I think every place I travelled to has stayed with me in some way. Every conversation has left an impression. And this is truly why I say that there is so much to learn in even the most mundane of conversations with people of the subcontinent; this is the reason that oral history is a necessity; it thrives amongst such a diverse landscape. We have inherited such a rich tapestry of oral traditions, and every person I spoke with had something absolutely fascinating and new to tell me, which I would have otherwise never found out in any book or academic record.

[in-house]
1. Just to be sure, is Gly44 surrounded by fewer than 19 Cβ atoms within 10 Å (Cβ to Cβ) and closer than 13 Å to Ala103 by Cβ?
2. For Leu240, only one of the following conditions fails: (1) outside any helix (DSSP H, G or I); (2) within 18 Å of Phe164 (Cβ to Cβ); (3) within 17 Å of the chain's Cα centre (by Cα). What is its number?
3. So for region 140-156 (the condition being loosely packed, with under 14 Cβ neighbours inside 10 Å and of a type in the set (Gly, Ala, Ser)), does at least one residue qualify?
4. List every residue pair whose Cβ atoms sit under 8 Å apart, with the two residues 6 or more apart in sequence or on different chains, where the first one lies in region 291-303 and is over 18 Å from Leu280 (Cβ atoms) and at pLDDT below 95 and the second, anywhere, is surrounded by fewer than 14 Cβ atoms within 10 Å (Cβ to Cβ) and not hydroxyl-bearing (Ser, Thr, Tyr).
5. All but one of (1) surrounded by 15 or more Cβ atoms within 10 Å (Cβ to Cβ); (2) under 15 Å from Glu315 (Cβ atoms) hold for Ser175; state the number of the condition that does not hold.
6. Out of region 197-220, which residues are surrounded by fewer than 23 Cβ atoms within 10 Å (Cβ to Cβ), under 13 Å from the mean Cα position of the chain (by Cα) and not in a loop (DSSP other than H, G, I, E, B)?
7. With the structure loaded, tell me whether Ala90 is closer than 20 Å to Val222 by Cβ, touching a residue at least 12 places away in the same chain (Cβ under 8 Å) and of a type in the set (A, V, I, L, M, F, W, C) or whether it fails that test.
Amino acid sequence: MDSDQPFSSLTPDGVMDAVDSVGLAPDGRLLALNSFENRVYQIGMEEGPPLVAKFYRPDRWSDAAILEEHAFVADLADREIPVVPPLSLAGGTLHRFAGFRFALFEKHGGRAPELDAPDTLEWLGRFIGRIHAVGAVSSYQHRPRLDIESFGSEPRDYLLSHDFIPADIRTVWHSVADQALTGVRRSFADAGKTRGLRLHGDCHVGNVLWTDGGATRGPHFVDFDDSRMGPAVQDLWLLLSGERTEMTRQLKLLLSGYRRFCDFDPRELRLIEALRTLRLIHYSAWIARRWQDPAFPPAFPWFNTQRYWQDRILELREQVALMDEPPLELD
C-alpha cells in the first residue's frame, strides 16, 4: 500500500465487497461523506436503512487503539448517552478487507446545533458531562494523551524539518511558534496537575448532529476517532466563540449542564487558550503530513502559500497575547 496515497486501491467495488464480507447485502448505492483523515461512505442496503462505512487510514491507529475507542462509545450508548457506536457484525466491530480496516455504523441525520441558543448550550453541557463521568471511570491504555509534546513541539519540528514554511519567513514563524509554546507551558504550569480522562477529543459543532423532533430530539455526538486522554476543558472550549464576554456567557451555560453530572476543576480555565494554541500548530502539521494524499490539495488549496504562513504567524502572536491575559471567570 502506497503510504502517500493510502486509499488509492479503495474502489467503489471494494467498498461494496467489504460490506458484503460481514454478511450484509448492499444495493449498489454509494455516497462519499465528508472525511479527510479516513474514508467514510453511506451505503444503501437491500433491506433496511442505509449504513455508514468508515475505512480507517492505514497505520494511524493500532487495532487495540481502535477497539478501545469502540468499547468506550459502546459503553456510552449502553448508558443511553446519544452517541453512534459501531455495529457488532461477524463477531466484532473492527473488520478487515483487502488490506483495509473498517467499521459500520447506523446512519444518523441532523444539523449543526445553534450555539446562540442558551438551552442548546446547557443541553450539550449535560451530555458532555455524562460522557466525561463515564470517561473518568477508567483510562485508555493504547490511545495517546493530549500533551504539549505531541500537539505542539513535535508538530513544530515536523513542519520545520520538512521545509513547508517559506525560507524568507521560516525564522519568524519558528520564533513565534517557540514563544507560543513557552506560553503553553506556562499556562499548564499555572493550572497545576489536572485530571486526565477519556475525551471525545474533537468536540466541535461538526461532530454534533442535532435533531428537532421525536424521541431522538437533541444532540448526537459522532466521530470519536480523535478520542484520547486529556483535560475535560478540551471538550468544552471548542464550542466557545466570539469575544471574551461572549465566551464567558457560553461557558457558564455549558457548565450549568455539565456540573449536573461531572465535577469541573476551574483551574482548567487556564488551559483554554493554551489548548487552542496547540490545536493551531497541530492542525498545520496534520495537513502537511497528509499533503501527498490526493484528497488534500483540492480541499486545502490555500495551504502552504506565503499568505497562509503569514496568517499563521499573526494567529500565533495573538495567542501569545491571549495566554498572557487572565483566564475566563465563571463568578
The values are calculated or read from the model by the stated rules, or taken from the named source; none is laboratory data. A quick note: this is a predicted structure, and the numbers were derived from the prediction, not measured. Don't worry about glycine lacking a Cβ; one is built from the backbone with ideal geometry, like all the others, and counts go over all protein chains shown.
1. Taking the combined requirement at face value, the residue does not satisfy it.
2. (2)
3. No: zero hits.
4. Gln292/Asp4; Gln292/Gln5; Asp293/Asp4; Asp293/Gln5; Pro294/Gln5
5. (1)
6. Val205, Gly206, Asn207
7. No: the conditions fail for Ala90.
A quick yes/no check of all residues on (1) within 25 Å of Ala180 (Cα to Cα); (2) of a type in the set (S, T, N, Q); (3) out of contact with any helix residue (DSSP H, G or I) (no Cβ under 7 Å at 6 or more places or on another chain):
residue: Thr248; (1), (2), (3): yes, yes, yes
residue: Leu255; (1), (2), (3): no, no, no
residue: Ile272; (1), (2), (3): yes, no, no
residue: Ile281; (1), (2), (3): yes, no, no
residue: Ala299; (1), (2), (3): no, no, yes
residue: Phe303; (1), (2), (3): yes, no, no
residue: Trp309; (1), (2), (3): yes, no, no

Tangible possessions form a crucial aspect of the Museum of Material Memory, the digital archive you co-founded with Navdha Malhotra. Has it been possible to excavate family histories, or shared histories across the subcontinent, through the submissions received on the platform?